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Leaders: Who has control, your habits or you?


Who has control, your habits or you?

Superior leadership performance is influenced by many habits. The more constructive habits a leader has the higher their performance. The more destructive habits, the worse their performance. When a leader has performance impairing habits their performance can be so poor, they can do so much damage, that they ought to be “exited” from their organisation. By contrast, leaders with an array of constructive leadership habits either grow their organisations, or, outgrow their organisations and are headhunted into much larger businesses. As someone whose role is to get leaders promoted, you might imagine understanding habits is a passion. This article seeks to raise awareness of the issues.  Leaders: Who has control, your habits or you?

Destructive habits rarely start out as such. In decades of leadership coaching I have never found any leader with a destructive habit who set out to form one.

Normally destructive leadership habits emerge from behaviour that was constructive in the context it was formed. The context changes and what was constructive yesterday, is today destructive. In that case, the leader started out in control of the habit, but the habit, through the change of context, took control of the leader. We can now see that a change in context can change the location of control. But how can that happen to highly talented, highly aware leaders?

For most of us, after our habits are formed they become invisible to us; we lose awareness of the habit. It becomes part of the furniture, our mental furniture. Before long we have a vast number of habits, of which we have little or no awareness. That suggests a very clear answer to the question asked…

Leaders: Who has control, your habits or you? Your habits.

Limited or absent awareness of habits causes problems. To give example: for almost all leaders, the context in which they operate changes frequently, if not constantly. That is certainly true for leaders who spend all day every day leading change. For others, managers, whose main role is to ensure that the status quo runs smoothly, change is less frequent. For both leaders and managers, any change in context can render yesterday’s constructive habit, overnight, destructive, with no awareness of the changed outcomes.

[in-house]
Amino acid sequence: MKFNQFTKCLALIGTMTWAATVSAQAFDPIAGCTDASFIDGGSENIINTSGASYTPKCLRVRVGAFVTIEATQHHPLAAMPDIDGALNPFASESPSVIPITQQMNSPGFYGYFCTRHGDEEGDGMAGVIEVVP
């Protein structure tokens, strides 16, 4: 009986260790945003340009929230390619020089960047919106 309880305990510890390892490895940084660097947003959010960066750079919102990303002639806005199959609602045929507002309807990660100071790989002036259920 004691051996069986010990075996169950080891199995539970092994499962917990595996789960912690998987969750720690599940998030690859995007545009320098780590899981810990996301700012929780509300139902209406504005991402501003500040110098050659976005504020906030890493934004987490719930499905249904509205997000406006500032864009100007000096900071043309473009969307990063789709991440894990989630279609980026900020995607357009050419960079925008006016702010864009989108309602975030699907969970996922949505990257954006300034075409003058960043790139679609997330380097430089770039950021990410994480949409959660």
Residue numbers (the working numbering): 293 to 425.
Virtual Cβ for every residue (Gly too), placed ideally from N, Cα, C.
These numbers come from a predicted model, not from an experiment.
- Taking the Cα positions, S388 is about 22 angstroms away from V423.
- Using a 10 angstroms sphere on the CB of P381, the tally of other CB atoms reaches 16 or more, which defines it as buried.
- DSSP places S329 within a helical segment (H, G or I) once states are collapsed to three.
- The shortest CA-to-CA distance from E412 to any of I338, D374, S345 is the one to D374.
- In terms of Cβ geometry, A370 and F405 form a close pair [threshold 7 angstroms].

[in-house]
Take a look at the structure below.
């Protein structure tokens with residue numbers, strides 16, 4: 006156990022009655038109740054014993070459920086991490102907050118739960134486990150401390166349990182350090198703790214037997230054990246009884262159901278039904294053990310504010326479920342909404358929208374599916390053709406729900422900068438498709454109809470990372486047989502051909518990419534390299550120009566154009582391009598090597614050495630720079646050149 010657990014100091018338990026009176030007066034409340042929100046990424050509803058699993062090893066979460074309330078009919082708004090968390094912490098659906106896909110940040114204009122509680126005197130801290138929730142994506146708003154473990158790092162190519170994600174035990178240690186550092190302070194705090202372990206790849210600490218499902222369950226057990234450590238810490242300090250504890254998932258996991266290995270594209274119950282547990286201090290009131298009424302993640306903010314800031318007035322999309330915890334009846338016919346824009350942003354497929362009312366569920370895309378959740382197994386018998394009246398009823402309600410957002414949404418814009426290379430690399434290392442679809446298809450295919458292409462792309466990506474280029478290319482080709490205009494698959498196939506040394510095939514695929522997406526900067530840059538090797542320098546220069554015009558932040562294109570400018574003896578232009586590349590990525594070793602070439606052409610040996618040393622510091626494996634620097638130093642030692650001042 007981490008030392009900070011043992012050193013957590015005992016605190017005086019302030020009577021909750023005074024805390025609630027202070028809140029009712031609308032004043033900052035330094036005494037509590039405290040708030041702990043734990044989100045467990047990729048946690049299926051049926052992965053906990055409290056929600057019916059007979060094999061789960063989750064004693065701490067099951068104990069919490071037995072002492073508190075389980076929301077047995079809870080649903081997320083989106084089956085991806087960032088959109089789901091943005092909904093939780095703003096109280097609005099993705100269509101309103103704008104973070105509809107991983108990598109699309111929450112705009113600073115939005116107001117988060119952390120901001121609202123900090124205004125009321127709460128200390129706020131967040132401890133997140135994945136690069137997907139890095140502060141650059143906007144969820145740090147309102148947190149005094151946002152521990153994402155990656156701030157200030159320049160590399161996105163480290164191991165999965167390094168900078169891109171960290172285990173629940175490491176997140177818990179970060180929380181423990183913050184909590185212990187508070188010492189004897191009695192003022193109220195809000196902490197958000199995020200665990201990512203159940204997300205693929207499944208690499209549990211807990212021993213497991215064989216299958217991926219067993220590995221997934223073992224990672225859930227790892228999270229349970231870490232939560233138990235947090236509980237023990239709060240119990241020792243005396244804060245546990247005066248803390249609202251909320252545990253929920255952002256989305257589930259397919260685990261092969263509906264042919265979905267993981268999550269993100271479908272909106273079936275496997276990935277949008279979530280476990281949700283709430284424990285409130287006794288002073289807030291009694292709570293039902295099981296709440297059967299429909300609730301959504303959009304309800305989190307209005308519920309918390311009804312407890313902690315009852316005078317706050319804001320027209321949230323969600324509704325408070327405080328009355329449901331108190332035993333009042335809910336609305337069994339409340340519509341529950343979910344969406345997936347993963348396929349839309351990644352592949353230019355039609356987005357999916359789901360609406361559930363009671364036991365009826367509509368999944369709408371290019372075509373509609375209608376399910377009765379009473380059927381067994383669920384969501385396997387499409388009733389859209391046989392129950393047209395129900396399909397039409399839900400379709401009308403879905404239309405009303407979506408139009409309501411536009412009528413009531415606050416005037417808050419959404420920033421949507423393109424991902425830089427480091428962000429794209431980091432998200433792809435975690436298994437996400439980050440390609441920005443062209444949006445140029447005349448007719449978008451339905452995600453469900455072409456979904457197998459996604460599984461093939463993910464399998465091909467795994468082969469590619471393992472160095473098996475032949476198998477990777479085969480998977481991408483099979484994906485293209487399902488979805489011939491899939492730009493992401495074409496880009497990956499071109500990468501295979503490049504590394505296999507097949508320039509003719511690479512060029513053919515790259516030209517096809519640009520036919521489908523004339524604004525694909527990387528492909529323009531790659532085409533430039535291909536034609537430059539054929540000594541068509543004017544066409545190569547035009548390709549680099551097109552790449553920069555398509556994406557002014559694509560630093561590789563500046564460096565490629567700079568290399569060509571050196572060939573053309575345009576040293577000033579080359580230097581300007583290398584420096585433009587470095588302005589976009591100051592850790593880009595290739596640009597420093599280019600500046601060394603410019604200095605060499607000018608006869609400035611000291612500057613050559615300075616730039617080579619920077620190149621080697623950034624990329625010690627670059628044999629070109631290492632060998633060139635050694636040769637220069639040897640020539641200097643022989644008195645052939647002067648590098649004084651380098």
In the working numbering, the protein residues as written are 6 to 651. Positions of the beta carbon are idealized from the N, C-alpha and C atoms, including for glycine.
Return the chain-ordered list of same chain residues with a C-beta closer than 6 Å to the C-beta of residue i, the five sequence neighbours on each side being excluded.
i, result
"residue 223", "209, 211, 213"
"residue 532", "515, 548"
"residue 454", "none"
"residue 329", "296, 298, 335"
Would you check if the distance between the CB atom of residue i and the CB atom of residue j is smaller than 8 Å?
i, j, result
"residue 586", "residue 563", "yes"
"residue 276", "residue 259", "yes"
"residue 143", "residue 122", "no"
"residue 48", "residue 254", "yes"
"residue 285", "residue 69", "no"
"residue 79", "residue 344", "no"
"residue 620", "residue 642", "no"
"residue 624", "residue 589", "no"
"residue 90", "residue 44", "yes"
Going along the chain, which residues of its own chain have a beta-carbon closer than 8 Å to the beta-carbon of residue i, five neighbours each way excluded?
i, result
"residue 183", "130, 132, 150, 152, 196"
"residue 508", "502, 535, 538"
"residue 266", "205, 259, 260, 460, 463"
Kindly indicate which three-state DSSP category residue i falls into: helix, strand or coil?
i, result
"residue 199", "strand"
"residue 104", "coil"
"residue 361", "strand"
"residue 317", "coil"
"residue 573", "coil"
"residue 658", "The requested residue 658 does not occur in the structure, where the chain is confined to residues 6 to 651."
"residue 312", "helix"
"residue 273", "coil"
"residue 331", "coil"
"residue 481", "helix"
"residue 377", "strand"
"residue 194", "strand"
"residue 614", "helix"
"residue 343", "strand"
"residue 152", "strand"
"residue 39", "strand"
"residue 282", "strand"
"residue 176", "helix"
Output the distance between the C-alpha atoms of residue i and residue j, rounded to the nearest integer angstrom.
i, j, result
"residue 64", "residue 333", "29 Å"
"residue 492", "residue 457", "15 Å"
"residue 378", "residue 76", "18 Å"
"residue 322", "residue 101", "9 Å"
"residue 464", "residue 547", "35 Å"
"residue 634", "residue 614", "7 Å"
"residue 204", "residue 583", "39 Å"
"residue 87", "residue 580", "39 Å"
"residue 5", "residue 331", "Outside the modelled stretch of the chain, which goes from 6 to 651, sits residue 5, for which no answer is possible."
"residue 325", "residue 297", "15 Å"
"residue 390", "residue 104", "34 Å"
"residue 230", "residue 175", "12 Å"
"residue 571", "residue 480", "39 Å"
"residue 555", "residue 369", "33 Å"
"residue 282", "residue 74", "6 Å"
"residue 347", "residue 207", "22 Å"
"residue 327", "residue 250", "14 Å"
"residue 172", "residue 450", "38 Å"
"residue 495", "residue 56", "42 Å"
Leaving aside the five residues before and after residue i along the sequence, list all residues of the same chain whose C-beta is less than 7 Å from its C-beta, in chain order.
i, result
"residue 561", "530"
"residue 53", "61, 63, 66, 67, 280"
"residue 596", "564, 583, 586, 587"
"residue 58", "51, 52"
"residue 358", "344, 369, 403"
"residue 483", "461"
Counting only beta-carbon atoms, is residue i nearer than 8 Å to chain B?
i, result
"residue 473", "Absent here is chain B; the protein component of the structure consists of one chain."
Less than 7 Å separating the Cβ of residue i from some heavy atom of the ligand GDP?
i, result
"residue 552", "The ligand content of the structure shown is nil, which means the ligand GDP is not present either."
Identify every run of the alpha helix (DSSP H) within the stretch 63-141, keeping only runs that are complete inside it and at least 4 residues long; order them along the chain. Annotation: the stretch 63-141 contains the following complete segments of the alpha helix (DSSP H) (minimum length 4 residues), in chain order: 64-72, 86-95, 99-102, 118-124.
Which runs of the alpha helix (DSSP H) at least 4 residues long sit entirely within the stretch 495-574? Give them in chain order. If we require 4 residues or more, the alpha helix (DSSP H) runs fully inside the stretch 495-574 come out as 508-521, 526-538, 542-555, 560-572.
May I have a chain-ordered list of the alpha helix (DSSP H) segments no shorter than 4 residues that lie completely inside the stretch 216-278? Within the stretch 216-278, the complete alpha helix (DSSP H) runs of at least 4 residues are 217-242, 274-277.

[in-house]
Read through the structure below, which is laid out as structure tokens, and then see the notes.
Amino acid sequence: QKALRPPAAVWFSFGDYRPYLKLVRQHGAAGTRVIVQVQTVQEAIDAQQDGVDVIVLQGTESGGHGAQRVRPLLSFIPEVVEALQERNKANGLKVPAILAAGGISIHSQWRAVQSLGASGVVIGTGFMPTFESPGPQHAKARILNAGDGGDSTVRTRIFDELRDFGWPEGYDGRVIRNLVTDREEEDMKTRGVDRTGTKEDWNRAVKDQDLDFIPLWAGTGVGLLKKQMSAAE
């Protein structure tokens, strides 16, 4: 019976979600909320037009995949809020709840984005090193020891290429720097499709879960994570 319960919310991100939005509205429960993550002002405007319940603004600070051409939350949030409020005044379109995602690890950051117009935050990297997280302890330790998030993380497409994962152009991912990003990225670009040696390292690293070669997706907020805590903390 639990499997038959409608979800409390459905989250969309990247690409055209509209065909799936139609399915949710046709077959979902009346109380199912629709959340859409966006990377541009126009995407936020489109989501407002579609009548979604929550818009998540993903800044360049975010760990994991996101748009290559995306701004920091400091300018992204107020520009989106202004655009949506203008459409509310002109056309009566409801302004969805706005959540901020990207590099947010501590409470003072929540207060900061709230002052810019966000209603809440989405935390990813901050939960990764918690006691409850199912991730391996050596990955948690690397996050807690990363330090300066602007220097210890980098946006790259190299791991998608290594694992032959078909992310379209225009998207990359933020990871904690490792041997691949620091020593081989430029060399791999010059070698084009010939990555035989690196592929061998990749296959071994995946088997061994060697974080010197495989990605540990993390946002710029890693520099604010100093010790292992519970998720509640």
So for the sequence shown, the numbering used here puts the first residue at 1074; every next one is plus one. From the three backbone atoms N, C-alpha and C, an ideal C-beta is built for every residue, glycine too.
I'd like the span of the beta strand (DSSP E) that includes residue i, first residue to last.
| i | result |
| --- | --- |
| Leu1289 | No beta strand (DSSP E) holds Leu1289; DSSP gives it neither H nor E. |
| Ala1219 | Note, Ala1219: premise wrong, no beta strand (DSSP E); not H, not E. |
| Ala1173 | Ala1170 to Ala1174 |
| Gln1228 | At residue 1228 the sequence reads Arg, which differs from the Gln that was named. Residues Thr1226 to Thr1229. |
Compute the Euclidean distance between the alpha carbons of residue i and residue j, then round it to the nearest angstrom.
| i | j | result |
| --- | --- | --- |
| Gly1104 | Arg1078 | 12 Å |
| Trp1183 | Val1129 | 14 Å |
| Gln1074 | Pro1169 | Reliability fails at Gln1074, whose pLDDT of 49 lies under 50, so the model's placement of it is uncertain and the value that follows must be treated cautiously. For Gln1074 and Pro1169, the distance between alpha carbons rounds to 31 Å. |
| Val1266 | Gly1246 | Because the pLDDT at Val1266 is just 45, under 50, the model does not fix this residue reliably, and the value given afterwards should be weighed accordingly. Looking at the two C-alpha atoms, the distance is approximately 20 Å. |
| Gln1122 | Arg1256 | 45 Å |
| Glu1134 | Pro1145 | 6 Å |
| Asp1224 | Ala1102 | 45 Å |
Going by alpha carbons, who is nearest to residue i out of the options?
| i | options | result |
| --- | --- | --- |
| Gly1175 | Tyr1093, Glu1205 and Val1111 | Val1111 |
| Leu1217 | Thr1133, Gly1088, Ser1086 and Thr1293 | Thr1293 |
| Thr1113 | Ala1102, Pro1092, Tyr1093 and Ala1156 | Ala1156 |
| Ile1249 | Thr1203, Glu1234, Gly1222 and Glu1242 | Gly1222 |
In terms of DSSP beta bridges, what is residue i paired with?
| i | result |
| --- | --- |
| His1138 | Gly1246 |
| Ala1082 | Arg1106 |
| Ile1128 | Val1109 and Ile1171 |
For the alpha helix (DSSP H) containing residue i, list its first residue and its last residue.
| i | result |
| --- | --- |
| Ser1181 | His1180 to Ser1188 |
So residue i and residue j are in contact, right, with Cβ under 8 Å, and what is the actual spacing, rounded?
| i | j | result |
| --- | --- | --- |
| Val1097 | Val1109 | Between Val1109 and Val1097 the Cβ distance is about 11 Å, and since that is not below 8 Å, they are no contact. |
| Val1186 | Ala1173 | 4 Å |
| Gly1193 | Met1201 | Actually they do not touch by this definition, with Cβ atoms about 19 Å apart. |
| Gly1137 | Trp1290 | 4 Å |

Now that we understand how it is possible to lose control of a habit, at overview level, let’s dig a little deeper.

Most leaders are aware of the concept ‘habit,’ a behaviour that is repeated without any thought and little, if any, effort.

Habits, for most people, are frequently repeated behaviours. That is true, but is just one part of a much larger picture. We also have thought habits. You will have experienced this yourself. Certain thoughts you always have in the same context. For example, you might always have the same thoughts when you put on your physical exercise clothing. For some leaders those thoughts might be similar to: “I’ll be glad when this is done!” For others the habitual thought might be: “Great: some me time!”

Predictable and repeated thoughts are just one dimension of the multi-faceted phenomenon known as ‘habit’. Leaders also have emotional habits. Using the same exercise example, you might instantly start to feel good when you put on your training shoes. Or, your heart might sink as you feel that you have to, yet again, do something you hate for reasons that are beneficial.

Already we have explored three dimensions of the habit phenomenon, (behaviour, thought, emotion), and there are many more.

For most leaders, the complexity of the dimensions of habit and how they interact is something they have never thought about, among the thousands of other things that have to be thought about. Most leaders’ understanding is limited to that scantily covered in books with titles like “7 Habits of Highly Effective People.” Follow the prescribed habits and all will be well. Or not. (As an aside, there are very many more than seven.) There is a higher level of understanding of habit, a much higher level.

When appropriate in leadership coaching, I believe it is essential that a leader fully understands the dimensions of habit, how habits form, and how they can be changed. Why?

Firstly, to enable the leader to address any problem habits that they may have unintentionally adopted, or emerged by way of change of context.

Secondly, and, this is hugely valuable to leaders who wish to perform at the highest possible level, to equip the leader with the ability to form any constructive habit they wish.

Thirdly, to give the leader full control over all their habits, now and in the future.

Fourthly, to equip leaders with an understanding of how habits impact the performance of staff, and how to help staff adopt peak performance habits.

Once equipped with a full understanding, of how to form, and change any habit, leaders can choose their own level of performance.

Asking our original question again… Leaders: Who has control, your habits or you? Here is the brief answer.

If you fully understand the nature of habits, and apply that understanding, you have control. If your knowledge is limited to that contained in introductory books, then it is likely that your habits control you.

If you wish to obtain full control of your habits contact PsyPerform.